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Seismic Survey Technologies
Guidelines for Authors
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To the 80th birthday of S.V. Goldin
Letter to the readers
S.V. Goldin’s legacy
Some aspects of calculation of the seismic migration operator with the method of S.V. Goldin
Seismic ray-theoretical migration operator was derived by S.V. Goldin based on the expression that relates the traveltime derivatives with the geometrical spreading factor. The derivation of this basic formula, which is essential also in the dynamic theory of elastic wave propagation, and, in addition, underlies many algorithms for kinematical inversion is complicated, overloaded with mathematical details and suffers from lack of geophysical interpretation. The paper proposes a method to obtain the desired expression, attracting minimum of mathematical details and operating with simple and well-known geophysical concepts. Also, a factor is obtained that generalizes the result to a wider class of models of the medium.
GEOLAB Ltd, Ordzhonikidze str., 12/4, Moscow, 119071, Russia, e-mail: email@example.com
Theoretical solutions combination with real seismic observations
It is fundamental for the effective application of theoretical solutions in practice to consider the way of their optimal compatibility with the data obtained in a real experiment. There are two promising ways to carry out such a research: to transform the observations to enhance their compatibility with the model assumptions and to analyse the influence of a real experiment properties on the theoretical solution. As the transformation that provides the best match of initial data to models, which are used for inverse problems solutions, it is proposed to use the structural decomposition of the investigated medium and the observed wave field, corresponding to a complicated three-dimensional model, into the set of local quasi-one-dimensional models of target objects with ideal conditions for seismic source and receiver. This approach was used as a basis for the spectral-statistical method, and after that was developed with the creation of complex seismic decomposition technology. The result is the formation of new sets of observations in the form of “pseudo seismograms”, corresponding to the local objects of the medium. These seismograms are used in the implementation of the inverse problem solution in spectral or time domain. In the process of preparing a “pseudo seismograms” the decomposition of signals to eliminate variations in the waveform associated with changes in the conditions of excitation and reception of seismic signal as well as their transmission through the medium is carried out.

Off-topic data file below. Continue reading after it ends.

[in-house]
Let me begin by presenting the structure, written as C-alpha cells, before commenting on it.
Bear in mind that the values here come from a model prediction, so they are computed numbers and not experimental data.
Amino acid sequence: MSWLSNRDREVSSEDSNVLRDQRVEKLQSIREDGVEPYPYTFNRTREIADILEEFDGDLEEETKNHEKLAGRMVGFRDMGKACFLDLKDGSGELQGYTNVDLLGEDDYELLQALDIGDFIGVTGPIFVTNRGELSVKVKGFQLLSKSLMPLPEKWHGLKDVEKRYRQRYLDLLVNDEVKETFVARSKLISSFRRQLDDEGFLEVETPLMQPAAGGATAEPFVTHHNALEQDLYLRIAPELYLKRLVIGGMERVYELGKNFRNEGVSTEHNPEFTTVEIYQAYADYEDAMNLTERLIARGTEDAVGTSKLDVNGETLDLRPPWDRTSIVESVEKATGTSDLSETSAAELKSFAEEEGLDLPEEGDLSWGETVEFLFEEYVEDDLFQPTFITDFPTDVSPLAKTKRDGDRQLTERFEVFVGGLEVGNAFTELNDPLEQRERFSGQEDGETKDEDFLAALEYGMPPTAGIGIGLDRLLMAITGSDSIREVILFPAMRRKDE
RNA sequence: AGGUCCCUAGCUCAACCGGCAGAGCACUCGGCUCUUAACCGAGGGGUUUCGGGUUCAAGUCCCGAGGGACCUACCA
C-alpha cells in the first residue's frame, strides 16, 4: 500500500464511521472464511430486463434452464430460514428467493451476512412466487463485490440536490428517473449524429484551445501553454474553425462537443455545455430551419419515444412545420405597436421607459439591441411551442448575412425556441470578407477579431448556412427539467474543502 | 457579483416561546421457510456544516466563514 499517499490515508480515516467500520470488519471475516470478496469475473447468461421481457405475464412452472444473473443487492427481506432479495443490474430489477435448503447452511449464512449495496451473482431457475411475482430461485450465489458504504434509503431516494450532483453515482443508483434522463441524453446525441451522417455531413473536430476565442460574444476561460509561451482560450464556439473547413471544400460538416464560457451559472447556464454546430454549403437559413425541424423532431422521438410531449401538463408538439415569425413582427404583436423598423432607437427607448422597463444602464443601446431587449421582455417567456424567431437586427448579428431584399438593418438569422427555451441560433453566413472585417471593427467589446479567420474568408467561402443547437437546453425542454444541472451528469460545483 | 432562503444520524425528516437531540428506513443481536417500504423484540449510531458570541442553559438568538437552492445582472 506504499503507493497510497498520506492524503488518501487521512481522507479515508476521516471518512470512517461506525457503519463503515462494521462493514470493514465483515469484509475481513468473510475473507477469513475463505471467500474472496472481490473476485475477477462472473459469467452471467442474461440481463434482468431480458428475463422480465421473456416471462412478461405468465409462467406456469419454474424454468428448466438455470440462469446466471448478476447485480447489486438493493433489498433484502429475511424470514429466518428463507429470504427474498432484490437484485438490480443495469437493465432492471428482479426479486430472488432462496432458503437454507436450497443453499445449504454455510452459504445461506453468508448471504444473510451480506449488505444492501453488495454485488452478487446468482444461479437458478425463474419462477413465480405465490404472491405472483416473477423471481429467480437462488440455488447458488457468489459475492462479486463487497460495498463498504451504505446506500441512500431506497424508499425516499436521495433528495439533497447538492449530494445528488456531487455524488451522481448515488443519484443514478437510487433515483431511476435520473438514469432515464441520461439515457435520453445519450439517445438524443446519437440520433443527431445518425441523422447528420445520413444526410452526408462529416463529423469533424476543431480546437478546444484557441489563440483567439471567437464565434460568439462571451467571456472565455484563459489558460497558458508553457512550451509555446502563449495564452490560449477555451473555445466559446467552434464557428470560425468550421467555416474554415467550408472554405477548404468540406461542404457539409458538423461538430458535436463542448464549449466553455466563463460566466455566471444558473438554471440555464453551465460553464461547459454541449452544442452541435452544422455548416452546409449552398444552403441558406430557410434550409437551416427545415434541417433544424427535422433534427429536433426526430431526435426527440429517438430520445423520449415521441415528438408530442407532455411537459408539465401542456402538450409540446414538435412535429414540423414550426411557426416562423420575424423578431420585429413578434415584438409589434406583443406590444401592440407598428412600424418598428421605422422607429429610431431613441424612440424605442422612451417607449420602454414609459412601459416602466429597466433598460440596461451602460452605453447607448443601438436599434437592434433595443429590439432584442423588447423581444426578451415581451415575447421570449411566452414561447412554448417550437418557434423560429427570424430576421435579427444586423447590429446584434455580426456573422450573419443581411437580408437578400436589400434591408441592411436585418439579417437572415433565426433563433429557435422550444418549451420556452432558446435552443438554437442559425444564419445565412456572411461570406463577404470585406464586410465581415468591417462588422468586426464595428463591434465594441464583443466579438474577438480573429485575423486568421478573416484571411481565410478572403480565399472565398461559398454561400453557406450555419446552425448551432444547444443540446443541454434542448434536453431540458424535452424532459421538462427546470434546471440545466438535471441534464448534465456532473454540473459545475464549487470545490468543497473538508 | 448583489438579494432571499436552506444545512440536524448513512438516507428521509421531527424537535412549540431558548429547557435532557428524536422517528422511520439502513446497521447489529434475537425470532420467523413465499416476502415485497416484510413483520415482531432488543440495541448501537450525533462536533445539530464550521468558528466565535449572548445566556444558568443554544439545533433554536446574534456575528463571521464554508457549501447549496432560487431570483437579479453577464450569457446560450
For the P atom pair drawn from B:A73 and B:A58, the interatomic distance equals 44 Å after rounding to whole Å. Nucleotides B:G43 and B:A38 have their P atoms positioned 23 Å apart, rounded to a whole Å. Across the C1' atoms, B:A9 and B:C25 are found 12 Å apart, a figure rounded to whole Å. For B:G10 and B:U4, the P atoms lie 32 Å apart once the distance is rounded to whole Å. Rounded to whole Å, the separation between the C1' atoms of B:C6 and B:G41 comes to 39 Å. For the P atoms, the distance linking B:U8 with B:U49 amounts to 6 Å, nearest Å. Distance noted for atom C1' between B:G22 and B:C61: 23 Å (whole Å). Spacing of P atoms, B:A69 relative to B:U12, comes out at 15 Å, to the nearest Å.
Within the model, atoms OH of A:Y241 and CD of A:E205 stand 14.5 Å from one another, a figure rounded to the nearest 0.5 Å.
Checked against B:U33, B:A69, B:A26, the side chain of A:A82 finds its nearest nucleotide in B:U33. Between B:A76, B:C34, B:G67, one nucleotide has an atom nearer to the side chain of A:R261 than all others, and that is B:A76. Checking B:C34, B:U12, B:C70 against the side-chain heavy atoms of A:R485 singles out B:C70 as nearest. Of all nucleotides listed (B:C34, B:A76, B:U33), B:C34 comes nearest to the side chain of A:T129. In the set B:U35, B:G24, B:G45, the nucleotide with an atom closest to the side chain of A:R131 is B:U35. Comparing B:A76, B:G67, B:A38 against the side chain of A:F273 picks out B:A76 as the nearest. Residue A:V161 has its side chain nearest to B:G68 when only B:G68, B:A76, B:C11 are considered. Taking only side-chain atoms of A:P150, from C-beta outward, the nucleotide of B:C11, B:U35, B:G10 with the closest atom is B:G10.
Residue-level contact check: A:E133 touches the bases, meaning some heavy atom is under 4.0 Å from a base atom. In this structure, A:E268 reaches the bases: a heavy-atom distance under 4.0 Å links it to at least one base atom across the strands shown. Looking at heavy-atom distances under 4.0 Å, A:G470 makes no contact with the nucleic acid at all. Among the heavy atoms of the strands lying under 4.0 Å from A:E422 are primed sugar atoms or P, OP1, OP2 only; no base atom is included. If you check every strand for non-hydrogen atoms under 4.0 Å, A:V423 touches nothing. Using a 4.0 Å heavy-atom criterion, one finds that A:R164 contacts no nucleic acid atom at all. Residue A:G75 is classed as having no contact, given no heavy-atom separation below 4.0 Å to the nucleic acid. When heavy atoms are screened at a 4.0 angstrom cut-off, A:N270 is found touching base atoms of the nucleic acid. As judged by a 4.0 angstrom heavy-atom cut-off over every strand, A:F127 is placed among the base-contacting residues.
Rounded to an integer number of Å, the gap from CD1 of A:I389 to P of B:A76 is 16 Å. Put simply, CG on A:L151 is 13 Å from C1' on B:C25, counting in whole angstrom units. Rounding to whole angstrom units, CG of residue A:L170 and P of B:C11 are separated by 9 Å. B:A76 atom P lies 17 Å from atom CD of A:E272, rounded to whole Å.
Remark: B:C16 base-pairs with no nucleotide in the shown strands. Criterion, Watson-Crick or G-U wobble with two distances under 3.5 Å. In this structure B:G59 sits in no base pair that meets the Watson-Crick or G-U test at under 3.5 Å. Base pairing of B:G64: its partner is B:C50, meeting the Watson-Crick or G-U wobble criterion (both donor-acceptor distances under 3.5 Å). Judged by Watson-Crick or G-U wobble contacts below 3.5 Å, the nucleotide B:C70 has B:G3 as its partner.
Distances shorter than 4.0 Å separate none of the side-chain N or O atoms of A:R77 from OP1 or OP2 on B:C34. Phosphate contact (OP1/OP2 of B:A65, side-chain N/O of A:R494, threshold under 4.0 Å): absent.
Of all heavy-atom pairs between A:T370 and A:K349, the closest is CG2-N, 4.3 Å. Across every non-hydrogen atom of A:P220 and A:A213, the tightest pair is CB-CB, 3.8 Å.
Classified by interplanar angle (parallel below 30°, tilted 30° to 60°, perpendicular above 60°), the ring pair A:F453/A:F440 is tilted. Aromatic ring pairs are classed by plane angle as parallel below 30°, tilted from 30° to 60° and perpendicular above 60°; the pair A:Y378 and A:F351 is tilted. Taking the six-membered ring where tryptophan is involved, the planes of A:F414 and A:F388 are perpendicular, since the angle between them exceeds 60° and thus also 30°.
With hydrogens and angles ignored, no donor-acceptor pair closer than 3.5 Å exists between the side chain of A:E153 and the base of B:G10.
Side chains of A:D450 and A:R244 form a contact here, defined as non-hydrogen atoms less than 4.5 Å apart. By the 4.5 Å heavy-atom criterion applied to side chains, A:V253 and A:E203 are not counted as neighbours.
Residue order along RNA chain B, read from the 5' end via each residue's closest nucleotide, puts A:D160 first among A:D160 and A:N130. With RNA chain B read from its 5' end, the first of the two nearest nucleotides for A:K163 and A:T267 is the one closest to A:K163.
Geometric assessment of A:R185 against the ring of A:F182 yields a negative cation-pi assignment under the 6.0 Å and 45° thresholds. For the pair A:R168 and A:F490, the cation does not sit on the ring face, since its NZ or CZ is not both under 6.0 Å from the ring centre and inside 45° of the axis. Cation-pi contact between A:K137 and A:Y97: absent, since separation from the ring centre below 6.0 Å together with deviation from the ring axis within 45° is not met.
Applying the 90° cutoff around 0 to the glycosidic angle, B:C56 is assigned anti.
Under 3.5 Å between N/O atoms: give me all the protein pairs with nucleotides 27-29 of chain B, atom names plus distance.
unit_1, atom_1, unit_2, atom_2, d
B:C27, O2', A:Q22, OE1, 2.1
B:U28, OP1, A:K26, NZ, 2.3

Trofimuk Institute of Petroleum Geology and Geophysics, SB RAS, Acad. Koptyuga prosp., 3, Novosibirsk, 630090, Russia, e-mail: firstname.lastname@example.org
D.A. Neklyudov, M.I. Protasov
Wave tracing for 3D cross-well tomography
In this paper we present аn approach for two-point ray tracing in 3D medium using bending method. It is based on a modified Fermat’s principle which can provide more reliable ray paths and traveltimes in complex medium. Model is parameterized with Chebyshev polynomials. This fact introduces algorithmic advantages for the ray tracing because travel times and derivatives can be calculated analytically. Hence nonlinear conjugate gradient method can be applied efficiently. The proposed approach is oriented for 3D crosswell traveltime tomography.
Институт нефтегазовой геологии и геофизики им. А.А. Трофимука СО РАН, 630090, Новосибирск, просп. Акад. Коптюга, 3, Россия, e-mail: email@example.com, firstname.lastname@example.org
Ya.V. Bazaikin¹, D.R. Kolyukhin², V.V. Lisitsa², M.A. Novikov³, G.V. Reshetova⁴, T.S. Khachkova²
Effect of CT-image scale on macro-scale properties estimation
We present analysis of sandstone micro-CT scans obtained with different resolution. We show that use of fine resolution (about 1 micrometer per voxel) do not provide valuable information about the core structure and for the pore surface analysis and makes the sample nonrepresentative even for porosity estimation. Scans with resolution of 3–5 μm per voxel allow to get statistically reliable estimates of the reciprocal pore-to-core distribution, topological properties of the pore space and transport properties of the sample. Using this information one can reconstruct the macroscopic model of poroelastic media.
¹Sobolev Institute of Mathematics, SB RAS, Acad. Koptyuga prosp., 4, Novosibisk, 630090, Russia, e-mail: email@example.com
²Trofimuk Institute of Petroleum Geology and Geophysics, SB RAS, Acad. Koptyuga prosp., 3, Novosibisk, 630090, Russia, e-mail: firstname.lastname@example.org, email@example.com, firstname.lastname@example.org
³Institute of Computational Mathematics and Mathematical Geophysics, SB RAS, Acad. Lavrentjeva prosp., 6, Novosibirsk, 630090, Russia